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[The Vietnamization of New Jersey] is a satire of such ferocity that it runs roughshod not only through the conventions of [David Rabe's] Sticks and Bones, but through some of our most cherished liberal illusions.
Durang is a lineal descendant of Lenny Bruce, which is to say he is always trespassing on forbidden ground, skirting perilously close to nihilism. Still, Durang's nihilism is earned; like Bruce, he obviously suffers for it. The satire in The Vietnamization of New Jersey has been called collegiate, but it is rarely facile, and it is never self-righteous. Durang's comedy, at its best, has deep roots in a controlled anger, which can only be expressed and purged through a comedy of the absurd.
The Vietnamization of New Jersey is set in a suburban American living room, piled high to the ceiling with the detritus of our consumer culture: two hair dryers, three TV sets, an outsize rotogrill, sculptured ducks in flight over the fireplace. Seated at the breakfast table are Rabe's benighted family, now renamed Ozzie Ann, Harry, and Et, their teenage delinquent son. Et is pouring cornflakes down his trousers and eating his breakfast out of his crotch. Hazel, the black maid, clears the table by ripping off the cloth, dropping coffee, toast, and cereal into the laps of her employers who she proceeds to indict as malignant symbols of white America.
Into this disaster area comes David, home from the war, with his Vietnamese wife, Liat. Both are blind, which David demonstrates by walking into the refrigerator. Et moralizes: "The fact that...
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A History of the American Film is a great foolery…. It might also be described as a crazy quilt stitched together by a loose thread of a "story" and a shred of an idea….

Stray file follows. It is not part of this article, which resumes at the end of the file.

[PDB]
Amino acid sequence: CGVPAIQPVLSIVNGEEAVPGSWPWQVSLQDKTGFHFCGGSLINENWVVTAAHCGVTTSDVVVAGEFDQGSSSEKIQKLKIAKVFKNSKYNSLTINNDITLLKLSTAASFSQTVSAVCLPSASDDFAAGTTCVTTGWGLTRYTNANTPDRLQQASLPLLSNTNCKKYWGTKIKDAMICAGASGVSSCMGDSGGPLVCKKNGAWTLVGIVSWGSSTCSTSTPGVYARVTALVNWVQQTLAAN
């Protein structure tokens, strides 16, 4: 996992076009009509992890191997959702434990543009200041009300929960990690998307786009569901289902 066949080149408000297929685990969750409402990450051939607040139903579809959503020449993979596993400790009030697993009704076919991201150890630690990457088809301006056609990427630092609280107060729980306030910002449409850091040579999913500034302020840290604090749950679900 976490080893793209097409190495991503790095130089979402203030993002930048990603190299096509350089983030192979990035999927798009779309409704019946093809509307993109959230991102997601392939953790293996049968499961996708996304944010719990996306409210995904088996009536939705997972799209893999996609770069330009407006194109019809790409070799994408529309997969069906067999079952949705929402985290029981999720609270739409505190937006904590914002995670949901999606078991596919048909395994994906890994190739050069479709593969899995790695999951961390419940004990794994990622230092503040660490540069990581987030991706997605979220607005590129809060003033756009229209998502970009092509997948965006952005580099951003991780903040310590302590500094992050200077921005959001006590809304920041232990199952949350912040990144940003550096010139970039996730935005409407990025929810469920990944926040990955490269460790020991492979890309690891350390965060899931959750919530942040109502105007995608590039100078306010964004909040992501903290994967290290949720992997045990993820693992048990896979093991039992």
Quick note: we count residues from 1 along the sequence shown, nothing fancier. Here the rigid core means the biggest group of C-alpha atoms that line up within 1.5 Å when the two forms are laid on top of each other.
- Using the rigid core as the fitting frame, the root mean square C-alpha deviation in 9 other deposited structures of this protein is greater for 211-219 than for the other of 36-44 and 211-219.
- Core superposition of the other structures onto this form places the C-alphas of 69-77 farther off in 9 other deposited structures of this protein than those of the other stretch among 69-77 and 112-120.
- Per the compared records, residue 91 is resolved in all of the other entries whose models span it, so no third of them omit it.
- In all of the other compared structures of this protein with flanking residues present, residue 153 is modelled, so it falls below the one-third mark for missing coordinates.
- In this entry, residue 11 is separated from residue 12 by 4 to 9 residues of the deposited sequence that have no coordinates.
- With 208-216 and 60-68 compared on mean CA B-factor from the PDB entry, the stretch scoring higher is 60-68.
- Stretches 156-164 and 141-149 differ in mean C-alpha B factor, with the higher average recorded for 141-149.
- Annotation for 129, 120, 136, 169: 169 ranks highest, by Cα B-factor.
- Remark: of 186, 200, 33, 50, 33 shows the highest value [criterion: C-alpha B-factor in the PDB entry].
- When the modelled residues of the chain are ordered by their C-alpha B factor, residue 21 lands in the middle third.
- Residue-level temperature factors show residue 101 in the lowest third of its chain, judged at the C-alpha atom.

The vocabulary of American film, from the early days to more recent ones, is employed with especial reference to various news features or, if you will, historical events of the past sixty years or more. What we see is supposed to be a film (and people watching several different films), but the convention is not strictly adhered to. Everything goes: it is all slapdash improvisation, naively sophisticated, collegiate, smart-ass. One can think of it as vaudevillesque surrealism or self-congratulatory nonsense. If there is...
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The idea of A History of the American Film must have seemed enchanting to its young author, Christopher Durang. It takes a few basic characters right through the typical genre movies—and others—from Intolerance to Earthquake. There is Loretta, the sweet girl from the orphanage, whom every kind of evil befalls without making her shed her innocence. She is part Loretta Young, part Sade's Justine, and wholly in love with Jimmy, who goes from Jimmy Cagney to Bogart, from Jimmy Dean to Brando, always slapping Loretta around, ditching her, or making her equally unhappy by not ditching her. There is also Bette, who is Bette Davis and other tough and mean females, whose chief purpose is not so much to...